October 2, 2023 5:08 am
FDA Meeting This Week to Discuss Advancements in Artificial Womb Technology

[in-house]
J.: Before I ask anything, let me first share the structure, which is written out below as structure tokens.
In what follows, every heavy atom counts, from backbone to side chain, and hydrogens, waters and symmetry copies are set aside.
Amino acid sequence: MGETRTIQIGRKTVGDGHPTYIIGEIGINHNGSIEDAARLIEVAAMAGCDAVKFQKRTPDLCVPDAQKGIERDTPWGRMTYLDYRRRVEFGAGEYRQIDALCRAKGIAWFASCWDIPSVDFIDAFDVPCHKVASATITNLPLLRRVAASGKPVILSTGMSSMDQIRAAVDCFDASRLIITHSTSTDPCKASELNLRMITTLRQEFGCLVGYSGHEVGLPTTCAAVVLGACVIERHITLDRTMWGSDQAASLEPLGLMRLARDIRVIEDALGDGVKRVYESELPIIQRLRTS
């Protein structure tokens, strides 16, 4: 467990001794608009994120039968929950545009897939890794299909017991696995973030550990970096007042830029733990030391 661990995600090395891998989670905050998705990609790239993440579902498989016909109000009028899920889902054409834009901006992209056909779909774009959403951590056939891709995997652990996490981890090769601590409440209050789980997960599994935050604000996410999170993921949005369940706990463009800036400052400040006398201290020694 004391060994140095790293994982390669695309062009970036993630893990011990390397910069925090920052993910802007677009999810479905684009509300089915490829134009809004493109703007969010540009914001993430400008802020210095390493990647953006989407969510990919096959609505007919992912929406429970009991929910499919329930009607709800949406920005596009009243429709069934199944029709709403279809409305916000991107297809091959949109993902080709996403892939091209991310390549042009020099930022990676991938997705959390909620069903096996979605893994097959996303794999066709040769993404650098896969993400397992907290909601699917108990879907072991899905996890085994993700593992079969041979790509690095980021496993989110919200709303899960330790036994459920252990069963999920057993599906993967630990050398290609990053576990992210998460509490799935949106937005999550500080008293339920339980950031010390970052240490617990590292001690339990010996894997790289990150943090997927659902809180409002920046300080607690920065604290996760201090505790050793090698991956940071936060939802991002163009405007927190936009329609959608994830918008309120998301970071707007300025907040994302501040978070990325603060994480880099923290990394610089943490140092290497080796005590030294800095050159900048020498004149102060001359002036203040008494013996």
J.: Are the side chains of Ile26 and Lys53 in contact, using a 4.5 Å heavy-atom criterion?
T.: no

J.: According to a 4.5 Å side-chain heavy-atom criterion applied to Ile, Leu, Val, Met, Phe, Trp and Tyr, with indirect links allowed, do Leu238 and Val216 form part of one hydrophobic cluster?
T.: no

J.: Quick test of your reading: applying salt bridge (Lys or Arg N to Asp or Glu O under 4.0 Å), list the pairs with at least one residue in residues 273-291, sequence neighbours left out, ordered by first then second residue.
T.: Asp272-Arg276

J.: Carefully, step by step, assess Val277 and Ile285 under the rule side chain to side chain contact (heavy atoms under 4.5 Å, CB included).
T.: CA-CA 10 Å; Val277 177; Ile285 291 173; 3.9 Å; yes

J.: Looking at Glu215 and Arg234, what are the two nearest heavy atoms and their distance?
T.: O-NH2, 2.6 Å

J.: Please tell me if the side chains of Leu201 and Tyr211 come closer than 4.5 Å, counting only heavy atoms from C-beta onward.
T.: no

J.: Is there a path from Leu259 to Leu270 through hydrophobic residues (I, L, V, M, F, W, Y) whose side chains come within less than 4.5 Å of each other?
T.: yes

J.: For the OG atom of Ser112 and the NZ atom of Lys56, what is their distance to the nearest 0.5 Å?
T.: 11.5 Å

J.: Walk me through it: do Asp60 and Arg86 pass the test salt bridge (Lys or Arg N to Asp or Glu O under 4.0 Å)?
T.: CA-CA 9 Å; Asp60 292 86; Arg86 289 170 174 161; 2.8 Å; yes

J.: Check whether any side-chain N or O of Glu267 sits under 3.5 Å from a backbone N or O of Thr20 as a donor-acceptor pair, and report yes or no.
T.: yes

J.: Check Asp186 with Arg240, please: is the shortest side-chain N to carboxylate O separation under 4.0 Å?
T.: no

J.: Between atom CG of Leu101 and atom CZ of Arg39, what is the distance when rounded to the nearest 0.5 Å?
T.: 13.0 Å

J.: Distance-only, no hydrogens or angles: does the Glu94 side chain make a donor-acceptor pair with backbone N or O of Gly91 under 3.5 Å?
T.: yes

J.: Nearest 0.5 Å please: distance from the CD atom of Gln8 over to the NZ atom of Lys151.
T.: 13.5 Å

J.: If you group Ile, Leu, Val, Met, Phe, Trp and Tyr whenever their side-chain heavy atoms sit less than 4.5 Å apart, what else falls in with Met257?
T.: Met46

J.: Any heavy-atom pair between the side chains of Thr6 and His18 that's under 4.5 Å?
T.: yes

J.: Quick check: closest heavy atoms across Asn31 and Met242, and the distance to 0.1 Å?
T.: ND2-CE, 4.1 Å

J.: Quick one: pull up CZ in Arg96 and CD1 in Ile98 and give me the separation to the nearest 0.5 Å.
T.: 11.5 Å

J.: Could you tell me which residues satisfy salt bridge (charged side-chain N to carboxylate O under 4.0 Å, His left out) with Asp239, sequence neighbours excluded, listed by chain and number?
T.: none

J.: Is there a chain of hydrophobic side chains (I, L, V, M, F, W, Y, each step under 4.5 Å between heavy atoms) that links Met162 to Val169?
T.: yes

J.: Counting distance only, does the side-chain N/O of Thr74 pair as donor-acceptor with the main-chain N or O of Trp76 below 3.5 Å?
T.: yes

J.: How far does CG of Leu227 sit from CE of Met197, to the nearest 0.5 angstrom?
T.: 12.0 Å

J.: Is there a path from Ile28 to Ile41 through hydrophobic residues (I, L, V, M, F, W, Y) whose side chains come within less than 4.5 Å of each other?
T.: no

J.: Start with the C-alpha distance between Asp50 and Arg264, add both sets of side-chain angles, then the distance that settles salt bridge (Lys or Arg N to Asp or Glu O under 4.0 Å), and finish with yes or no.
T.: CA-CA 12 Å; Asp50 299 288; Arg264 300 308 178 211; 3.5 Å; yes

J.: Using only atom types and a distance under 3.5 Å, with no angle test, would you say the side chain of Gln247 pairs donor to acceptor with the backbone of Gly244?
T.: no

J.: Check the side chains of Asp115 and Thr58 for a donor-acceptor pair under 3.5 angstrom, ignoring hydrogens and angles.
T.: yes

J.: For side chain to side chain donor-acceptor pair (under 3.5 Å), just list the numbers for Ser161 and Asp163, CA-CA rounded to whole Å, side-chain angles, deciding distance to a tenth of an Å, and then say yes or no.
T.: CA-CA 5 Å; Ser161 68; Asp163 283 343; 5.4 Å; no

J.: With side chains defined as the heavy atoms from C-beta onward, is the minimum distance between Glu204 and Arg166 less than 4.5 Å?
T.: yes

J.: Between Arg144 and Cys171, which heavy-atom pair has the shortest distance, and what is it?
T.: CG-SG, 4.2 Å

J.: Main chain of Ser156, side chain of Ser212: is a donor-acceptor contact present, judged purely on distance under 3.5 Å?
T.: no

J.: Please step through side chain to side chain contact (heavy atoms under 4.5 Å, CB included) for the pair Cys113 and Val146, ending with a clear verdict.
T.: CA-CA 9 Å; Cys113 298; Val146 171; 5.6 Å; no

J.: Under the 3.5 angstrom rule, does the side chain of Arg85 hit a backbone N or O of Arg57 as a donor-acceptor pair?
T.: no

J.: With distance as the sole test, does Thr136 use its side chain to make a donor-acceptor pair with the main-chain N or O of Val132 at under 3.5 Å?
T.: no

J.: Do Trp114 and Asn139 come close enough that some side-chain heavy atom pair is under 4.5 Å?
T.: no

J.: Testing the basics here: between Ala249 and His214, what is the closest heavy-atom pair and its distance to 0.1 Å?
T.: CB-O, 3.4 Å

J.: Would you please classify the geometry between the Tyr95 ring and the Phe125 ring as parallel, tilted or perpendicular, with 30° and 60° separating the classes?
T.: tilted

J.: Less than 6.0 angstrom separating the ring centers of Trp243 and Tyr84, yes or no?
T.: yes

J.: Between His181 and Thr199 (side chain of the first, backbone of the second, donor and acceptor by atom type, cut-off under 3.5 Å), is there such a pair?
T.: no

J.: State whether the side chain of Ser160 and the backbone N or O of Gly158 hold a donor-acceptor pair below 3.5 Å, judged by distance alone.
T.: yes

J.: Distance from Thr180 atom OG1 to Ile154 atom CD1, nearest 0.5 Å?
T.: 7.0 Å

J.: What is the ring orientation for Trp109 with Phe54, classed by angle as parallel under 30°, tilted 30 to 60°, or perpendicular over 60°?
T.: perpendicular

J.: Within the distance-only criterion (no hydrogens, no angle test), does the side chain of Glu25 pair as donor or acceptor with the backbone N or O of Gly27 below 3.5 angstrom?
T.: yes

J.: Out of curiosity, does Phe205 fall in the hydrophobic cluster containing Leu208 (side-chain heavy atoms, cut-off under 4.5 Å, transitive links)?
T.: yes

Federal regulators are currently discussing the potential use of artificial wombs as a crucial step towards conducting the first clinical trials for humans. This week, FDA advisers will be meeting to further explore artificial womb and artificial placenta technology. It is important to note that the device would not replace a human womb, but rather act as a bridge for extremely premature babies or “neonates” as they are born and continue to grow. Researchers from the University of Michigan and Children’s Hospital of Philadelphia have shared videos demonstrating the appearance and functionality of the technology. The artificial wombs include a bag filled with synthetic amniotic fluid and tubes that are connected to the umbilical cord. These tubes remove harmful carbon dioxide from the blood and provide oxygen and nutrients. Promisingly, studies on preterm lambs and fetal pigs over the past six years have shown enhanced brain, lung, and gut development. However, many questions still need to be addressed in these upcoming discussions, such as how patients would be transferred to an artificial womb, what criteria would qualify a patient for this treatment, and the ethical considerations for designing the initial studies. Preterm births, which are defined as births occurring at 37 weeks or earlier, make up a significant portion of U.S. births, with 1 in 10 babies being born prematurely. Moreover, premature babies account for 65% of all infant deaths. It is important to note that the clinical trials in humans are still months or even years away, as individual research hospitals will need to undergo their own ethical and scientific reviews before initiating any human tests.

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